In his blog, Epiphenom, Tom Rees points to a recent study that suggests that contrary to traditional thinking, children are not born with an innate predisposition to supernatural concepts or explanation of events that have non-defined reasons.
When given a series of stories, the study showed that the younger the person was the more likely they would reason towards a natural explanation as opposed to a supernatural one. With an increase in age, the occurrence of a supernatural explanation to the event increased. The chart below from the study reflects this trend.
This is more ammo to use when debating people when it comes to religion and the supernatural. The study is careful, as is Mr. Rees, not to suggest that this is an exclusive explanation as to how children form ideas, but rather is a contributing factor.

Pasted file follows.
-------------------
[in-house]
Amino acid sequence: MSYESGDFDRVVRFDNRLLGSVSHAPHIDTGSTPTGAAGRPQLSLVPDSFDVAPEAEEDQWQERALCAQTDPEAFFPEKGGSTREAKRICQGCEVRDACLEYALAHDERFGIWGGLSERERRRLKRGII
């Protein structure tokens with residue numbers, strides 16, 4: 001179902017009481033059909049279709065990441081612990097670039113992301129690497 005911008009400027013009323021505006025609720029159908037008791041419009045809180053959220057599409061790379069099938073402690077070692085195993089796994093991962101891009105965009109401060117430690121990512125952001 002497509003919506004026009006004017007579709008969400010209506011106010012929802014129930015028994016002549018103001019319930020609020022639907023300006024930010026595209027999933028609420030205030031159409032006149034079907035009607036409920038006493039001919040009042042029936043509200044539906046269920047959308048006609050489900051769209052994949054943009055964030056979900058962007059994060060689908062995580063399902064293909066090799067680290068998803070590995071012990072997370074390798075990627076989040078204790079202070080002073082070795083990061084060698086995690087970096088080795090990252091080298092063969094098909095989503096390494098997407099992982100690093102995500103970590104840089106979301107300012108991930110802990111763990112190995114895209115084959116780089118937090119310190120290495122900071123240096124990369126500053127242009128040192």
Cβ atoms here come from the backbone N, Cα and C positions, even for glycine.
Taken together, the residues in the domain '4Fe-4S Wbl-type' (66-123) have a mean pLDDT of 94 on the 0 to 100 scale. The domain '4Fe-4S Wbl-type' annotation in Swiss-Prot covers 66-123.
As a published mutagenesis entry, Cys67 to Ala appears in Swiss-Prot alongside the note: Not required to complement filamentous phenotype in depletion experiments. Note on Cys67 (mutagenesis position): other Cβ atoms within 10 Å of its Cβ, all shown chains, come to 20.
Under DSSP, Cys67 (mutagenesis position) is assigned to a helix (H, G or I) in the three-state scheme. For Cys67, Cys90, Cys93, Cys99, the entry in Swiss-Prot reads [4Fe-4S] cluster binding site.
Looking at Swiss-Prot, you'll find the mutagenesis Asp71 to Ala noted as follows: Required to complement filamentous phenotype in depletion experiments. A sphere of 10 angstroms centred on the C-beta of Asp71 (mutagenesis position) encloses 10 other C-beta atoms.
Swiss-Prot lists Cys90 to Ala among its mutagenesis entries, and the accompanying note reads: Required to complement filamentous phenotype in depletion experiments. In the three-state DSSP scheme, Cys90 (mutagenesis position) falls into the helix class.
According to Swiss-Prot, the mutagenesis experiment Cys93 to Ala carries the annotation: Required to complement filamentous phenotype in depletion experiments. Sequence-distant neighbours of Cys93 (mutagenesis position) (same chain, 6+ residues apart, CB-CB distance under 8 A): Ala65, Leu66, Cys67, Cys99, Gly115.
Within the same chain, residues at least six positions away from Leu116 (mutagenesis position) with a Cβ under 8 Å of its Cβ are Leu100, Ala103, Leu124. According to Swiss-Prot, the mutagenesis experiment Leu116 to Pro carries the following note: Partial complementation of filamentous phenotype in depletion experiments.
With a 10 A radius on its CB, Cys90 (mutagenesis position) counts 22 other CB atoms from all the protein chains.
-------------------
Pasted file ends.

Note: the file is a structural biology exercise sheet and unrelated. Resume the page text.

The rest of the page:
This doesn't of course, mean that humans are not predisposed to think naturally. Clearly, in some circumstances we are - and it seems likely that some people are more predisposed to think supernaturally than others.
But what this, along with other evidence, does show is that it is far too simplistic to argue that we are 'born believers'. In fact, we are born with a wide range of tools with which to understand the world around us, and culture is critical for shaping how those predispositions are shaped into beliefs.
A full copy of the study can be found by emailing the studys author:
Woolley, J. D., Cornelius, C., & Lacy, W. (in press). Developmental changes in the use of supernatural explanations for unusual events. Journal of Cognition and Culture. (Available from the author, firstname.lastname@example.org)